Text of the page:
We've got ten copies to give away to BGO subscribers who are based in UK/Europe. Please claim your copy by (1) posting a reply in this thread and (2) sending me a PM. The giveaway closes 27 June 2010!
    • By Adrian
      This is for people who have read just the first few chapters. If you haven't yet, reading the following will be a spoiler.





      I watched the R&J review and have bought the book. So far I'm maybe a dozen pages into it.

      I'm not loving the double first-person narrative. It reminds me of Kevin Sampson's Outlaws, where the same story is told from multiple viewpoints. I find it just detracts from the story, and makes the book feel a bit gimmicky. Maybe it'll grow on me as I read more, and it certainly won't stop me reading it.

      Secondly, I'm not yet buying into this "Chrono-Displacement Disorder" plot device. It's too Sci-Fi for my liking, and just too "handy" for the author: "I need to have the guy time travel, so here's how I've made it happen." I'm hoping it's resolved later on. If it's a premise I have to swallow just so the book could be written I'll be disappointed.

      As you might have guessed, I'm not wholly convinced just yet.

      What's your first impressions of the book?
    • By Adrian
      I'm about halfway through (he's spending Christmas with her family and has just found out her Mum's a manic depressive - and after reading this book, love, so am I), and unless I get I get some positive feedback here, I'm giving up.

      I posted my first impressions earlier, and I'm afraid it's getting worse.

      Firstly it didn't grab me from the start and I read other books inbetween - always a bad sign. Still, I vowed to stick with it, and once I got past the awkward narrative structure it improved. The enforced double-narrative seemed a little contrived, and I felt whenever the authour switched voices in mid-scene Niffenegger was really forcing the change of voice to make it obvious it was now the other person narrating. Seemed a bit like Kevin Samson writing in Outlaws, where each narrator gets his own unique voice.

      Secondly, the basic premise of the novel, time travel, is mishandled and cack-handedly written. Two versions of himself in the same time frame? (Believe me ladies, if we could do that to ourselves the human race would be extinct). Some evolutionary mishap in the human genome being allowed to rewrite the laws of physics? Those I could live with, but TTW is just an affront to basic common sense. I keep asking myself questions instead of losing myself in the book. Why just appear now? Why just disappear now? More important is the where? How does he go to a particular place as well a particular time?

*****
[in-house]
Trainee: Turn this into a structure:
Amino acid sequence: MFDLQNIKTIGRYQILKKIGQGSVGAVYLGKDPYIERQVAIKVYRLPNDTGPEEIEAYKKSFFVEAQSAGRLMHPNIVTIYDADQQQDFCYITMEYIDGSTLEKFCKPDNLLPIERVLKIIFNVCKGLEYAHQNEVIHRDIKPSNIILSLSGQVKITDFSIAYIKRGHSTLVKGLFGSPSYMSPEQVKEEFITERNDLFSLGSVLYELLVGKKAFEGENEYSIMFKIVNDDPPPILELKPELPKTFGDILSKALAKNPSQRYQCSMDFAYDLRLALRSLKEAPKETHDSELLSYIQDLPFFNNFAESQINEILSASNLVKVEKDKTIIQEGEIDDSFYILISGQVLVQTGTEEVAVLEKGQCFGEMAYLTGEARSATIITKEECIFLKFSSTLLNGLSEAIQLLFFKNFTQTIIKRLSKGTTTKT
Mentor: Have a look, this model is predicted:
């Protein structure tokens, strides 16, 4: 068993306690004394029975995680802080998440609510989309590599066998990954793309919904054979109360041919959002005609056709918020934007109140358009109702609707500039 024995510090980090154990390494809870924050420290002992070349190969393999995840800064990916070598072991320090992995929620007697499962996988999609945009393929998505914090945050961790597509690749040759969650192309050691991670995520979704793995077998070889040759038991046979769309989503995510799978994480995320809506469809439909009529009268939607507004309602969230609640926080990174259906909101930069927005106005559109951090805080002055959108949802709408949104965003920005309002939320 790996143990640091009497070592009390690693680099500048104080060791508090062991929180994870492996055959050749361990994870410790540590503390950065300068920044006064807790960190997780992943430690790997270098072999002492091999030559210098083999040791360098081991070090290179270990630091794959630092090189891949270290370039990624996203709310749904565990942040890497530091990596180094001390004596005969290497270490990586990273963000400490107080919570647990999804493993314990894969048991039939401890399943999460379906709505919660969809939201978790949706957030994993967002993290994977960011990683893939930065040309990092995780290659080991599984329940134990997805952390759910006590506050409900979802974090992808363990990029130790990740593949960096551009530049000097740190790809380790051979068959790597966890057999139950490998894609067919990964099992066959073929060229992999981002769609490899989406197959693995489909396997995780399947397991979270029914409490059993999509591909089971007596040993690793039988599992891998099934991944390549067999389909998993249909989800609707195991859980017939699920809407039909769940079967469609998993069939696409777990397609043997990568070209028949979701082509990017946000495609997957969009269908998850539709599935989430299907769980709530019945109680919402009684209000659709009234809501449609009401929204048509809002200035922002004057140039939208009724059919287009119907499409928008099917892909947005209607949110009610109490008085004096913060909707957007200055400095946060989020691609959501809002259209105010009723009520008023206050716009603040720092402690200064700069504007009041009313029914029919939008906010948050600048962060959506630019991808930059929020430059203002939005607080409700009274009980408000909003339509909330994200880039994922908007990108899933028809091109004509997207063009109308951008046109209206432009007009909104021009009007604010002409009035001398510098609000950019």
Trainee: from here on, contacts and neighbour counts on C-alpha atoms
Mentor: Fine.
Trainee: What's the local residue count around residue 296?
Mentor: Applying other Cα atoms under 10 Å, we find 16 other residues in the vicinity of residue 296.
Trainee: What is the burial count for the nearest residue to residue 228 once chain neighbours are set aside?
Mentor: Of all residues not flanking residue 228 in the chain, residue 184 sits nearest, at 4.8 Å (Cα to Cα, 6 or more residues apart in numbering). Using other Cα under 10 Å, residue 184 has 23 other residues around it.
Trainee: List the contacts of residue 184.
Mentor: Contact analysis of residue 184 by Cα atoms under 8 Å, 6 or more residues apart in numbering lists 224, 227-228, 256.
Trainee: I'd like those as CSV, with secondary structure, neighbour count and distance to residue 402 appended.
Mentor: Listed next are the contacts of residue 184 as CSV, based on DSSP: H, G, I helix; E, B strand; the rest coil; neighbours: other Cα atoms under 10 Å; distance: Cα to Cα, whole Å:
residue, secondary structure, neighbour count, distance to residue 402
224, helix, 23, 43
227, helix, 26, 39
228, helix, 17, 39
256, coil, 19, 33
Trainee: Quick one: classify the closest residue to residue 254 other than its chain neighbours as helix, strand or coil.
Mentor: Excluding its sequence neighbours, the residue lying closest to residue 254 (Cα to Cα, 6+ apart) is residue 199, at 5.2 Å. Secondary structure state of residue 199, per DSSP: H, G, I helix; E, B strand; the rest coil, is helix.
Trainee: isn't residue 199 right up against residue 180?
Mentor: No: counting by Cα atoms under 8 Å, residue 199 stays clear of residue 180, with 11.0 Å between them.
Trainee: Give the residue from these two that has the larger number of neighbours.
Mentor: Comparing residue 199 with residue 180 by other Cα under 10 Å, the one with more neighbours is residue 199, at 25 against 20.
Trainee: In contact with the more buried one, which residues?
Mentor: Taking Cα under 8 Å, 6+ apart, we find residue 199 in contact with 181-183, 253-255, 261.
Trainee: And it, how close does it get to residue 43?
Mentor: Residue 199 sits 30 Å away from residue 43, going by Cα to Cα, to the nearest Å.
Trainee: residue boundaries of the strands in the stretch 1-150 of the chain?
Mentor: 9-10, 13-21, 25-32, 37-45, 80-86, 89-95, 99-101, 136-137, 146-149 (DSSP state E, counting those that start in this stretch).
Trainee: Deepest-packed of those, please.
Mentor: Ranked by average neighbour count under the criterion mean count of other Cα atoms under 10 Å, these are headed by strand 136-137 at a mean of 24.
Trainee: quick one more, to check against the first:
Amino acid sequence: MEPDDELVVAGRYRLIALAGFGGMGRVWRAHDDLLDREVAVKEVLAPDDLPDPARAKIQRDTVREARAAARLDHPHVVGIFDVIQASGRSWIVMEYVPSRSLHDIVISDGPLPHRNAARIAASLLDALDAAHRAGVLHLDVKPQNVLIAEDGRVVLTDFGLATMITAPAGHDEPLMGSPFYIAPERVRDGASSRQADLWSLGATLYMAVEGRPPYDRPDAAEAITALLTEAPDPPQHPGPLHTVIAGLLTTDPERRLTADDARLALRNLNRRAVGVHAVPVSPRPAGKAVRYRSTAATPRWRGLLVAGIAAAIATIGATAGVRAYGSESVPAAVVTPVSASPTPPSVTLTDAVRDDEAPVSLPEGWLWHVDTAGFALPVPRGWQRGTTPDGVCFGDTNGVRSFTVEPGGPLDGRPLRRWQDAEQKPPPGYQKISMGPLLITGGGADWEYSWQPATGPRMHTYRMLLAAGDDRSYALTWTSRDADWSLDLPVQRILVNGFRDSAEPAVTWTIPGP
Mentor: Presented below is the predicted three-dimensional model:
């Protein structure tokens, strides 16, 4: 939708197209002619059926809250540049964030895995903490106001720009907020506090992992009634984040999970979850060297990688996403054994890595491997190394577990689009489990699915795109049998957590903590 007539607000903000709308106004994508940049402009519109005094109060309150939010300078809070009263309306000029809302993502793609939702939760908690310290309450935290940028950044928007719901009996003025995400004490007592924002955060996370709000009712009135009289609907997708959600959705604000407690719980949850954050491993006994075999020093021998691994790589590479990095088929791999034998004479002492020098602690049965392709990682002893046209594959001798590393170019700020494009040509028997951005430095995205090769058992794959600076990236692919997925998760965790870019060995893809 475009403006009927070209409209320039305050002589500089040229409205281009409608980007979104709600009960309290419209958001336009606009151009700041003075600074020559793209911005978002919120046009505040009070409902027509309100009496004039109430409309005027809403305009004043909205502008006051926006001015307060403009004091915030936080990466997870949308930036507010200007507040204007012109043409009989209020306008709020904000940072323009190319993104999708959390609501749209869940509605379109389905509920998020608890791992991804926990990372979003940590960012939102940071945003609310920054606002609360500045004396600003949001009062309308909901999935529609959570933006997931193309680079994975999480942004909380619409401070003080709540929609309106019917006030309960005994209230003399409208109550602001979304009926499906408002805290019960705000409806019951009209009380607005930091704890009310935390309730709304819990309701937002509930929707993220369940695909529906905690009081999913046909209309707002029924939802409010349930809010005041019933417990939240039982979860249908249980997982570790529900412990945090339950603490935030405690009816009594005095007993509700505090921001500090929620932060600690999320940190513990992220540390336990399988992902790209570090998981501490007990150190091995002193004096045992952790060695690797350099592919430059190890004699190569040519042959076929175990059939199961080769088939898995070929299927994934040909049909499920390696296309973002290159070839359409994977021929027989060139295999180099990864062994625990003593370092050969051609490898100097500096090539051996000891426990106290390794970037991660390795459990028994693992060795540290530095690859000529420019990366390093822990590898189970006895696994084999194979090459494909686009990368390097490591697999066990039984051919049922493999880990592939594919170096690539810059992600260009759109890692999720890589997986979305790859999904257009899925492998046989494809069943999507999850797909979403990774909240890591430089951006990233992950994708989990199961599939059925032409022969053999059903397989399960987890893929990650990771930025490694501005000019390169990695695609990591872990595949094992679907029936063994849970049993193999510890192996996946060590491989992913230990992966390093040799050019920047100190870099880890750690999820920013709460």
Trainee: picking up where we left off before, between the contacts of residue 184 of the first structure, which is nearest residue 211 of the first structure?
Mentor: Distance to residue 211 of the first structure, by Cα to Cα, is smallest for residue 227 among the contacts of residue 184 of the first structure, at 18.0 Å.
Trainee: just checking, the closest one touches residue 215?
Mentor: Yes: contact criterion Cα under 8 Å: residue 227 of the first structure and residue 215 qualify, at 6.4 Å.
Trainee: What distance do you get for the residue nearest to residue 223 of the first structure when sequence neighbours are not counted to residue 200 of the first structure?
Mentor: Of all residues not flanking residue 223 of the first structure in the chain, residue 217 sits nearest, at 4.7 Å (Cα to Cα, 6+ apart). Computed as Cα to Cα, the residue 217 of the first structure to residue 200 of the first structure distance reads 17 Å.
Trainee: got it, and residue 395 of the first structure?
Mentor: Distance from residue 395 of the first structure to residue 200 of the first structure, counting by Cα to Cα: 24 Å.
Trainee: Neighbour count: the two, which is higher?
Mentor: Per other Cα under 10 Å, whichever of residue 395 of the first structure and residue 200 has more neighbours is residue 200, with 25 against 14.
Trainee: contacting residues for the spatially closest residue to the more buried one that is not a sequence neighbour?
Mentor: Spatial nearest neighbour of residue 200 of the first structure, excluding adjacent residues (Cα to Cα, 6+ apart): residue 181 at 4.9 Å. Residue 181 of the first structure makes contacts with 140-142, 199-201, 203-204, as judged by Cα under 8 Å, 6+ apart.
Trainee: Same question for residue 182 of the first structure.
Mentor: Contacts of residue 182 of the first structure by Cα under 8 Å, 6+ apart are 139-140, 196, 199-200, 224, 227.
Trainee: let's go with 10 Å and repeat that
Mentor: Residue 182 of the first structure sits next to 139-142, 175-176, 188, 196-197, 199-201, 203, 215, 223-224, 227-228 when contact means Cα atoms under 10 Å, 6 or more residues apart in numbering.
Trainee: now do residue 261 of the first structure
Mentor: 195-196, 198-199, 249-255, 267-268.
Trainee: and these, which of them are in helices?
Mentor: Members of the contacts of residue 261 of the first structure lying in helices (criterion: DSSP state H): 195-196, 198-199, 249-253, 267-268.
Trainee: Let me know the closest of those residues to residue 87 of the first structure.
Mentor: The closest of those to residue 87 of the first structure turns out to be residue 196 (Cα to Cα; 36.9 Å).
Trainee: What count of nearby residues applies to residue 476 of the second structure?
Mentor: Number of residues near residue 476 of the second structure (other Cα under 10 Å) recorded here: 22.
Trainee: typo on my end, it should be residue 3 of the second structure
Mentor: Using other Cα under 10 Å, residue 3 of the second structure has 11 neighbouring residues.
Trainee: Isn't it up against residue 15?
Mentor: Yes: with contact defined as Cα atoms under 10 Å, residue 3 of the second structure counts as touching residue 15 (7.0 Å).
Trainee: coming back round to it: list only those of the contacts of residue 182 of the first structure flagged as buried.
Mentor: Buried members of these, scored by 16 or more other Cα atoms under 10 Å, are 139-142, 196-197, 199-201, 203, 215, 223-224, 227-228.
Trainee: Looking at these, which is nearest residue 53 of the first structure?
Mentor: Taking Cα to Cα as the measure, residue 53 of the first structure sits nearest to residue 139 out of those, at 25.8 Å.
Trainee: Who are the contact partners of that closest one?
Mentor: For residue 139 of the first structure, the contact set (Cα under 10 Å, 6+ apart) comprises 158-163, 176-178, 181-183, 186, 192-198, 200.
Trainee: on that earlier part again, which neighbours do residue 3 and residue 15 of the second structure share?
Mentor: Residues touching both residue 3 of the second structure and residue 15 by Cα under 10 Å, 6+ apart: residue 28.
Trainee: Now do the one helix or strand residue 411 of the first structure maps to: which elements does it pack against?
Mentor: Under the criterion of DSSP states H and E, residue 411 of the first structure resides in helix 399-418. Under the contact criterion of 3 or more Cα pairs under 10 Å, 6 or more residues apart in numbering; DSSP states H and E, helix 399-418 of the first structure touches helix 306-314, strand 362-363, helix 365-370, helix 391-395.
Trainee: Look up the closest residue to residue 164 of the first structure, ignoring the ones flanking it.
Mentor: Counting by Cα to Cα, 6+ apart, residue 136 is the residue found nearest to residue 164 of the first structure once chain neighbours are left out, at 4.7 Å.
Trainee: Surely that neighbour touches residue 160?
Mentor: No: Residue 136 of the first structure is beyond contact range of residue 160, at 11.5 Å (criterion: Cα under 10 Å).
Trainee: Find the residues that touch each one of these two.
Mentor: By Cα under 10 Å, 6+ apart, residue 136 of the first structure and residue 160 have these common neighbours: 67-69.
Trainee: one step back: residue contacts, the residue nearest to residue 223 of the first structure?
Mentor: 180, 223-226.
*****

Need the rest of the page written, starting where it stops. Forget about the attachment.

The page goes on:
Also, the nastiness of the bloke: "I can't help myself so I can do whatever I like." Beat people up? Sure! Rob and steal? Why not! Buy stocks cheap? Who wouldn't! Run naked through the neighbourhood? Well, I tried this, and the police would just not believe my story!

      Most importantly, I don't care about the love story. So he loves her and they love each other, and so forth. I find both of them so insufferable that I don't care about their relationship(s).

      I'm half-heartedly interested in the secondary goings on. I like Kimy, and I like Clare's room-mate, but can't stand the room-mate's boyfriend.

      My current thinking is, "This is not a book to tossed away lightly. It is to hurled with great force."

      I'd like either an incentive to finish it (bearing in mind I have a long list of others waiting on my TBR pile) or, preferably, a precis of the ending. I'm guessing she dies of some disease he can't prevent, and he knows it (of course he knows it, he just can't get involved in any ethical situation that would ruin the house-of-cards plot), but doesn't tell her.

      God, I hate them both. Hey Audrey, try going back in time before Stephen Fry wrote Making History.
    • By Mad Dog & Glory
      Having finally finished The Time Traveler's Wife last night (yes, I know, I'm a bit behind), I was left feeling a little dissatisfied. I loved it for around 200 pages, but then I thought it tailed off badly and left a lot of unanswered questions. Not only the time travel - I had no problems with suspending disbelief, although the most unbelievable part was that they were allowed to lead a 'normal' life, rather than Henry being captured and studied by the US government.

      It's the so-called 'normal' life that concerns me. It seems incredible that I could read a 500+ page novel centring almost exclusively on two characters, and at the end not really have much of an idea of each other's personalities or how they went about their daily lives. At one point, Henry buys a lottery ticket knowing the result and wins several million dollars, so Clare can have a studio. No other mention is made of this. So are they millionaires? They seem to live in normal-sized house, in a normal street. So what do they do with themselves when Henry isn't time travelling? They're not watching TV, as Henry can't. They can't spend all of their time in bed.

      The other huge problem with the novel is lack of conflict, which is essential to all drama. Henry and Clare have this 'perfect' relationship, and are only unhappy with each other over the miscarriages. There were all sorts of potential themes and conflicts that Niffenegger shied away from. Why does Clare never question the fact that this man came into her life at the age of 5 and, as they say, ruined her for other men?
      Niffenegger seems so intent on making this the perfect love story that she misses a lot of tricks.

      My guess is that Audrey Niffenegger will be a one-hit wonder. She came up with a brilliant idea, and also came up with a good structure (although some disagree), and played out every permutation of time travelling possible. But in the end a great idea can get you only so far, and I don't feel she has the skills as a novelist to get as much out of the story as was potentially there.
×